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What Treatments Are Available for the Legally Blind?

Article Details
  • Written By: T. Carrier
  • Edited By: John Allen
  • Last Modified Date: 12 May 2019
  • Copyright Protected:
    2003-2019
    Conjecture Corporation
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Individuals who are legally blind may have various visual capabilities. As such, treatments are often considered based on the amount of loss of vision and the source of the blindness. Restorative sight options like surgery are available for individuals with temporary blindness. Visual aids such as magnification devices could prove beneficial for those individuals with partial vision. Most legally blind individuals, regardless of visual ability, can enhance quality of life with mobility aids and methods designed specifically for the visually impaired, such as braille.

Definitions of legal blindness may vary around the world. In the United States, for example, an individual who has 20/200 vision or lower is usually considered legally blind. This generally means that the individual can distinguish an object from 20 feet away that a person with average sight can distinguish from 200 feet away. In the most severe cases of partial blindness, the individual may only perceive some degree of light. Total blindness is another possible diagnosis, meaning the individual has no sight perception whatsoever.

Depending on the nature of the blindness, several treatment options are available for the legally blind. If the blindness is due to an underlying condition like a parasite infection or cataracts, treatment of the condition may alleviate visual symptoms. Such measures could range from antibiotics to surgery.

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Surgical procedures may also be available for certain types of eye damage. For example, injury to the retina via a traumatic blow or deterioration could possibly be corrected with a retinal transplant. In transplant procedures, the malfunctioning structure is replaced with a healthy structure from a donor. Researchers are also investigating the benefits of stem cell transplants for visual conditions.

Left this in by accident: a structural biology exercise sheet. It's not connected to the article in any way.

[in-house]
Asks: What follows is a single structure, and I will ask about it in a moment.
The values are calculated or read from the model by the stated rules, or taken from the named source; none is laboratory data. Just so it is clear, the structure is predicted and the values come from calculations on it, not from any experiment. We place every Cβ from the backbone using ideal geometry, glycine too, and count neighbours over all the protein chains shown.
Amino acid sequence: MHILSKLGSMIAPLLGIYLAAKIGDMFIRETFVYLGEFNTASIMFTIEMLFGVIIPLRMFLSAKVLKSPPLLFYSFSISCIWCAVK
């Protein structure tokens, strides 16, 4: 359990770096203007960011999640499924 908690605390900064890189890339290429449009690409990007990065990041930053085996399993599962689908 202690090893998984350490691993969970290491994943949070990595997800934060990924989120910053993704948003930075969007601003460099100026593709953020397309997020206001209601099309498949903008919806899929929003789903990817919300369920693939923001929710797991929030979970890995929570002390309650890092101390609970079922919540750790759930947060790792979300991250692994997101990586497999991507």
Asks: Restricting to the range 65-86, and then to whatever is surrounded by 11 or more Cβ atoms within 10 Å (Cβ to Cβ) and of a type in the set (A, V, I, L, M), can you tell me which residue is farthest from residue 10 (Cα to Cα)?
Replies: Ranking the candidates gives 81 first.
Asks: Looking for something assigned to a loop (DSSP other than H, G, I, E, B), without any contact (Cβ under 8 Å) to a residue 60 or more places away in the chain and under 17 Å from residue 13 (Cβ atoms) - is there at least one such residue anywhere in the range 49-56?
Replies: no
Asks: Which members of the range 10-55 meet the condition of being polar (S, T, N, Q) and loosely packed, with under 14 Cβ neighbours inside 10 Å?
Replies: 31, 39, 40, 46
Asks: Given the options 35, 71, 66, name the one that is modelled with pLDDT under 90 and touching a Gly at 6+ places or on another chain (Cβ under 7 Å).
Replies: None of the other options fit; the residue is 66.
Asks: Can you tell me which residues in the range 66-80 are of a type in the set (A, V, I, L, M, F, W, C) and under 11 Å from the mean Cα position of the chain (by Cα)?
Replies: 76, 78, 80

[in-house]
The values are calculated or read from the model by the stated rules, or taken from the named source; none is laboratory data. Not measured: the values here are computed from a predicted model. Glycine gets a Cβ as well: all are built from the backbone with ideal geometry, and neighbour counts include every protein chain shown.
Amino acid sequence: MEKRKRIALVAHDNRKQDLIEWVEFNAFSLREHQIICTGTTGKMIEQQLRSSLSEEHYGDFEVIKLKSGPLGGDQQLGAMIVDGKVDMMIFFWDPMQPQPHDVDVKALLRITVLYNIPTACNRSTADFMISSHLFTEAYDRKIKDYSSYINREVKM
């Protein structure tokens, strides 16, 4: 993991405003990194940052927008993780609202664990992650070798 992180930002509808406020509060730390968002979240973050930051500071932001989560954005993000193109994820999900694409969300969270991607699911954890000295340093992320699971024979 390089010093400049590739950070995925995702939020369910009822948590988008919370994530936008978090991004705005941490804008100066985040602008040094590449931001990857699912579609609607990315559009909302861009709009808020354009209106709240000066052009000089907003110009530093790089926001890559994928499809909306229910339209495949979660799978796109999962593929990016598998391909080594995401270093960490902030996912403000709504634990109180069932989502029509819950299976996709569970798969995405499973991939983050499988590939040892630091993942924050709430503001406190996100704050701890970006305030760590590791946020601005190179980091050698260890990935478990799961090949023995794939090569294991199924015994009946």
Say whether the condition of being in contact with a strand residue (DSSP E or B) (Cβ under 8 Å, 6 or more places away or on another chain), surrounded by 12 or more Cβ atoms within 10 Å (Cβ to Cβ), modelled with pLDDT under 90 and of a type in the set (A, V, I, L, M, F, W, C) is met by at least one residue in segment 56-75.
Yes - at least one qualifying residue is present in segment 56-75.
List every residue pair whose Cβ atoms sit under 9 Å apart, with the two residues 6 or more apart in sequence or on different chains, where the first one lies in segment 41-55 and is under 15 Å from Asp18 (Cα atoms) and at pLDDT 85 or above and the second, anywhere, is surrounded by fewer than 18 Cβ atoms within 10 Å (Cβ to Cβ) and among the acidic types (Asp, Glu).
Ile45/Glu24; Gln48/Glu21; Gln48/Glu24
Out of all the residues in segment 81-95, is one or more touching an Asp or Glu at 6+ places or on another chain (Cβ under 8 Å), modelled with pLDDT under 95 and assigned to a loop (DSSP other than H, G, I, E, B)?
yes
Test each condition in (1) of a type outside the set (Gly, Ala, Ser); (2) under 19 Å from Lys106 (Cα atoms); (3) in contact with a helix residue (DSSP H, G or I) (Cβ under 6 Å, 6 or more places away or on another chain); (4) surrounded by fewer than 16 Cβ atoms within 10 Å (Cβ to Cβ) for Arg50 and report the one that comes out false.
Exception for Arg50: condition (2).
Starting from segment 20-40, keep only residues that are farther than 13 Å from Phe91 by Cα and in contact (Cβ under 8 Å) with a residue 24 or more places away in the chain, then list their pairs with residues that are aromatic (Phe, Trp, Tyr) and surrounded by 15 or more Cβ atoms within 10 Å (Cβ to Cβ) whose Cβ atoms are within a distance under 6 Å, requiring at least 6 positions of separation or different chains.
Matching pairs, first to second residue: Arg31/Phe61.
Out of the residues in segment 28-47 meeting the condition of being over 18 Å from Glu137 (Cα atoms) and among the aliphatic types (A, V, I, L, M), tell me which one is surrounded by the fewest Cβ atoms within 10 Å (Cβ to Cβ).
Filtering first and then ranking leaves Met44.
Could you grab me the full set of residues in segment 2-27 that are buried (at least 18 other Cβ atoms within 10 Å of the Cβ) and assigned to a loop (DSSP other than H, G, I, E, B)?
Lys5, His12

For some blindness conditions, however, corrective treatments are not feasible. These conditions may include genetically rooted problems or brain damage incurred to sight centers like the visual cortex. In such cases, the legally blind individual should consider visual aids that assist in daily activities. Mobility aids like walking canes or trained seeing eye dogs will likely improve an individual’s ability to navigate past unseen objects. Assistance in obtaining these aids and other therapeutic options is available via special government programs in many regions.

For individuals who retain residual vision, reading aids may be beneficial as well. Several software programs and magnification devices enlarge text on computer screens, for example. In addition, prescription glasses can aid individuals in recognizing all types of written text. More profound sight deficiencies may necessitate different aids such as familiarity with braille, which is a system of raised dots that is applied to text-based materials.

Perhaps the most invaluable treatment for blindness is preventive treatment, as research indicates that most forms of blindness worldwide are preventable. Improved healthcare can curb infection and nutrition-based blindness. Proper diet and healthy eating habits can also curtail the latter concern. As for traumatic injuries like those incurred in manufacturing accidents, goggles and other forms of eye protection are invaluable.

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